Both India and China are today present in the science community in Ny-Ålesund.

Østhagen sees Russia’s science initiative as a new card in a broader geopolitical game in the Arctic.

“Russia is looking to revitalize its Svalbard presence. Coal mining is ineffective and costly, and the Russian state sees research as one avenue to increase its presence in the archipelago. We also cannot discount that there is genuine interest in research from academia as well,” he says.

“In any case, I doubt that the activity will be large-scale or that it will challenge other forms of research collaboration on Svalbard. Activity would have to adhere to Norwegian regulations and laws. However, the increased focus on dual-use and research – for example using research stations to conduct intelligence gathering for foreign governments – is a real concern that the Norwegian authorities must take seriously,” Andreas Østhagen says.

Dmitri Negrutsa assured in his speech at the Geographical Society’s security conference that Arktikugol “will take care of infrastructure and operational services for the center.”

The center will be in Pyramiden, Negusta highlighted. He added that both Barentsburg and Grumant in Coles Bay will see science activities.

“At the moment, the project of the center, which will provide scientific and educational activities, is at a high stage of development. A response and a key order are expected from the Deputy Prime Minister of the Government,” Negrutsa said.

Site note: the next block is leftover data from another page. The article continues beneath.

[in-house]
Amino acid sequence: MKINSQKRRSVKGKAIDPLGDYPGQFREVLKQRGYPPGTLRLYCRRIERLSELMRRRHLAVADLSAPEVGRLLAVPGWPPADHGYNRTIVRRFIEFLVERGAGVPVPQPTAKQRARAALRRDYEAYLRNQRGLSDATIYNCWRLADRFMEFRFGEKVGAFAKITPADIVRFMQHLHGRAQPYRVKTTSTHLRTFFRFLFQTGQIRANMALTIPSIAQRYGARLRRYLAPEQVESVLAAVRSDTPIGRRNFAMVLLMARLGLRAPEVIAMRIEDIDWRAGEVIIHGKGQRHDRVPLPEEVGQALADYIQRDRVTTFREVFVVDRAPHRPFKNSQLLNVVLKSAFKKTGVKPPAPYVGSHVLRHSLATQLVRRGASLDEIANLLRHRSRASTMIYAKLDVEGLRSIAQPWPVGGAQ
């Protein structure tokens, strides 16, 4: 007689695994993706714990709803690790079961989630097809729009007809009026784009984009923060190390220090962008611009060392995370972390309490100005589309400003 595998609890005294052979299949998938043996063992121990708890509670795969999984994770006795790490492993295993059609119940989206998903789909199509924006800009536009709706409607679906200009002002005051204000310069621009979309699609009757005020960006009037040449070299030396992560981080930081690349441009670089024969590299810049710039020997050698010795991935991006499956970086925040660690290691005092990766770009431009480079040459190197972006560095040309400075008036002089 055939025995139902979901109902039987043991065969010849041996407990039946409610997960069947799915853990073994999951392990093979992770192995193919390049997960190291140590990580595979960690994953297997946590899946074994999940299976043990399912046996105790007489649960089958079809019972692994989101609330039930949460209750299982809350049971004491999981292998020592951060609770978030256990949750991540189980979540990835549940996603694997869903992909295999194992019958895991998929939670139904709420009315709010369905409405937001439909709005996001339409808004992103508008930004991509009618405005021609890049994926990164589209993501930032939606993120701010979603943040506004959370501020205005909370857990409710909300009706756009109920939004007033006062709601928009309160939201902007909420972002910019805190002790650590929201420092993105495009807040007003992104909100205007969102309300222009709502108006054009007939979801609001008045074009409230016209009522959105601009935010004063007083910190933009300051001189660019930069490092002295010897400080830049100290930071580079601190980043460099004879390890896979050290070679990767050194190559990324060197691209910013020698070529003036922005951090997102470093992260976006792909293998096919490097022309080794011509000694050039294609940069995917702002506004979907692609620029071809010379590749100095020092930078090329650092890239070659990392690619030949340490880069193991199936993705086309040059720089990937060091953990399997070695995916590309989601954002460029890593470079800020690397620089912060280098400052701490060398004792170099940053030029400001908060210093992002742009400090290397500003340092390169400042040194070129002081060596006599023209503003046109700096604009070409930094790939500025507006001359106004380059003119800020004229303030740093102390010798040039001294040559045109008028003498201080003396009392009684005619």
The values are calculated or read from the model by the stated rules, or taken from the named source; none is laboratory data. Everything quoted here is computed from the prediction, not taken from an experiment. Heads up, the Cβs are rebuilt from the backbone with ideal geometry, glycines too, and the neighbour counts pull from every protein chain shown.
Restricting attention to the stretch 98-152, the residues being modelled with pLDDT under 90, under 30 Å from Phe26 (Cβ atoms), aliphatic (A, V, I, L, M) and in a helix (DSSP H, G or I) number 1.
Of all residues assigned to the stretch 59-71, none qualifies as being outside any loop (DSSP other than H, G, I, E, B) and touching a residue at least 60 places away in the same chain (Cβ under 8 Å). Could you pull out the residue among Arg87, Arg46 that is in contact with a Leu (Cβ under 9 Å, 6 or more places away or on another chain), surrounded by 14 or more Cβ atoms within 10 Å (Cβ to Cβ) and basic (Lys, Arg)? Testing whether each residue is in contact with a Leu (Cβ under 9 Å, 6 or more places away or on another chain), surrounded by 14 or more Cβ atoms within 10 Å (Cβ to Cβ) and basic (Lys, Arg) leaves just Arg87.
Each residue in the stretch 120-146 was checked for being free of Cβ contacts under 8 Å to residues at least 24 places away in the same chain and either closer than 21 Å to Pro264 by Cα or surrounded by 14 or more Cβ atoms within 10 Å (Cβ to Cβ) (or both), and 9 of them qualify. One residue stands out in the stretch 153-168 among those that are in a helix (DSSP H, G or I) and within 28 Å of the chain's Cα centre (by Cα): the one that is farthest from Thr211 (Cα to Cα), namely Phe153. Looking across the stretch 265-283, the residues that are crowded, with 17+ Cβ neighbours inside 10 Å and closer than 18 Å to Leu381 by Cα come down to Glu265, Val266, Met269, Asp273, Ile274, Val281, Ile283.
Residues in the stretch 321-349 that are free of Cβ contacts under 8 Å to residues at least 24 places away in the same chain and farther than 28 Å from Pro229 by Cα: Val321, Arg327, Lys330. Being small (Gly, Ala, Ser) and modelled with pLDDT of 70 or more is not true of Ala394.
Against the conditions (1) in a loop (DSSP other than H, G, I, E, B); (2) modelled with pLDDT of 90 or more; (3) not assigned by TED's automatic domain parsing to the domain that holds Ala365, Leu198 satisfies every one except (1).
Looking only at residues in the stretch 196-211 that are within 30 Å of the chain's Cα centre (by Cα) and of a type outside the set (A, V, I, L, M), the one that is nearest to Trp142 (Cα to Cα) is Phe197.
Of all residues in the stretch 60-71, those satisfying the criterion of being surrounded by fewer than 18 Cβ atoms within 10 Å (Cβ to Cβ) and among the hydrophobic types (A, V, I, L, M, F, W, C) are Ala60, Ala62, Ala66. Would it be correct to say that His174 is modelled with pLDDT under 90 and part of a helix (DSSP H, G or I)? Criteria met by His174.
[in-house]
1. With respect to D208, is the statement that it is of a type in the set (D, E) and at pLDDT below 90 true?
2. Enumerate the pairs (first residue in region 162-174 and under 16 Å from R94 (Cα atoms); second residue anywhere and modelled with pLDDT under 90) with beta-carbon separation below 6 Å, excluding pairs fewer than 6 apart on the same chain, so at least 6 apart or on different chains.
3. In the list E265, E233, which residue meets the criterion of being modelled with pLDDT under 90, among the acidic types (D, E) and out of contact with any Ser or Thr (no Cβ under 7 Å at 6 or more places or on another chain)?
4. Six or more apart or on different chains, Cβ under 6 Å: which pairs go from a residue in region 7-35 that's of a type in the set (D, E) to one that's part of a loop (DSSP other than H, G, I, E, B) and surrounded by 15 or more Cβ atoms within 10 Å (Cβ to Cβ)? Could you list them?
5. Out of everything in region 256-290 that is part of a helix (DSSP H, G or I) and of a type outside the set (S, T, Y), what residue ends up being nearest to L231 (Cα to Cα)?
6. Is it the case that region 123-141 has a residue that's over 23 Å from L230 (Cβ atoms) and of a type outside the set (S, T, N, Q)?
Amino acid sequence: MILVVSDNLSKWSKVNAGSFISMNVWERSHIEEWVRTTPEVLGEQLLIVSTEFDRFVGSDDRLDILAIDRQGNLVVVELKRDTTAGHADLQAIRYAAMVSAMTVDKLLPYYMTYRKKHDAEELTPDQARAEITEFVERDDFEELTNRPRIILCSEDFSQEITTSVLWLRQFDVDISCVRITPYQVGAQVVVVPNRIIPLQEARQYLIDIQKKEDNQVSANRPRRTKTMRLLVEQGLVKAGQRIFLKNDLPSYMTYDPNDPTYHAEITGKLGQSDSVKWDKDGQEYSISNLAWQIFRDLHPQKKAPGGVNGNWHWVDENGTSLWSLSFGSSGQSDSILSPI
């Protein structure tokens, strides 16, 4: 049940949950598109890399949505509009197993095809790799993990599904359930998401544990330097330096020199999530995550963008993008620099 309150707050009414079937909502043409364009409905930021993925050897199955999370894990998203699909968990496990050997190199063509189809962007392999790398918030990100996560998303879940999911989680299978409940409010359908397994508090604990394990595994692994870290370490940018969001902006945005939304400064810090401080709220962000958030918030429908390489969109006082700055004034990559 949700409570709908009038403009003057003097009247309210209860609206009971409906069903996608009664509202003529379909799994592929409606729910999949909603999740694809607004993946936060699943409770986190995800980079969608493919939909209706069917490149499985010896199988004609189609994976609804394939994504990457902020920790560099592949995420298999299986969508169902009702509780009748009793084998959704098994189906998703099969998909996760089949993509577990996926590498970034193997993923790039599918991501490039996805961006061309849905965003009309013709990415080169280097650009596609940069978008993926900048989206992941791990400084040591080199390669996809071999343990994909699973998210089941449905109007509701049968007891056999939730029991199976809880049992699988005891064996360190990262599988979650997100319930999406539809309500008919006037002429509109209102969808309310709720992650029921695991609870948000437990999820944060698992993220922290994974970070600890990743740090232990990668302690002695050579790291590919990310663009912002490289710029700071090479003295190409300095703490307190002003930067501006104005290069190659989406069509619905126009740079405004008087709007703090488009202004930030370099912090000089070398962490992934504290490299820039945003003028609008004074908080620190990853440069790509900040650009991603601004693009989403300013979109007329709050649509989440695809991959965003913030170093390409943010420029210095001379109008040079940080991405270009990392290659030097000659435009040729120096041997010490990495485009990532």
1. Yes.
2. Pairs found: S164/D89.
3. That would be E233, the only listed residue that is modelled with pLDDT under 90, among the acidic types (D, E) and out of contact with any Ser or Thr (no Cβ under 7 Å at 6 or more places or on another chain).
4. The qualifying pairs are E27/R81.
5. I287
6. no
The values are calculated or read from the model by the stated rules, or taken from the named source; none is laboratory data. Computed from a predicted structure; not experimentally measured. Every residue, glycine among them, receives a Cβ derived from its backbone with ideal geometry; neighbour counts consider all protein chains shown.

Kola Science Centre 

Today, Russia has a few science and research institutions working in Barentsburg, the 300ish-people community currently looking for new ways to maintain activities at Svalbard as coal mining hardly is able to produce enough to keep the local power plant running.

Kola Science Centre has a research station in Barentsburg. (Thomas Nilsen/The Independent Barents Observer)

“Barentsburg will be developed into an infrastructure hub,” the Deputy Director of Arktikugol said, pointing to deepening the harbor to 13 meters depth so larger vessels can make port calls.

Negrusta at the same time announced plans to build a ship service facility that could do repair and provide supplies to fishing vessels, now as shipyards in Norway are no longer allowed to serve Russian trawlers because of sanctions.

Bio-weapon claims 

The Russian Geographical Society’s Murmansk conference included a speech by Natalia Belisheva, Head of Department of Medicine and Biological Problem of Human Adaptation in the Arctic. Her department is part of Kola Science Centre, a northern branch of the Russian Academy of Science.

Talking about biomedical research at Svalbard and how humans adapt to life in the high Arctic, Belisheva suddenly changed topic and accused Norway of entering a secret agreement allowing the United States to build a military facility with a biological laboratory at Bear Island.

“It will be a virus-biological laboratory by the Pentagon,” Natalia Belisheva stated.

She added:

“It’s a completely unknown laboratory but it is known that funding will come from the state budget of the country and the entire equipment will be supplied by General Electric and Johnson & Johnson.”

Bjørnøya (Bear Island) is the southernmost island of the Svalbard archipelago, located halfway between mainland Norway and Spitsbergen. The Norwegian weather station ‘Bjørnøya Meteo’ is situated at Herwighamna on the north coast of the island. (Thomas Nilsen/The Independent Barents Observer)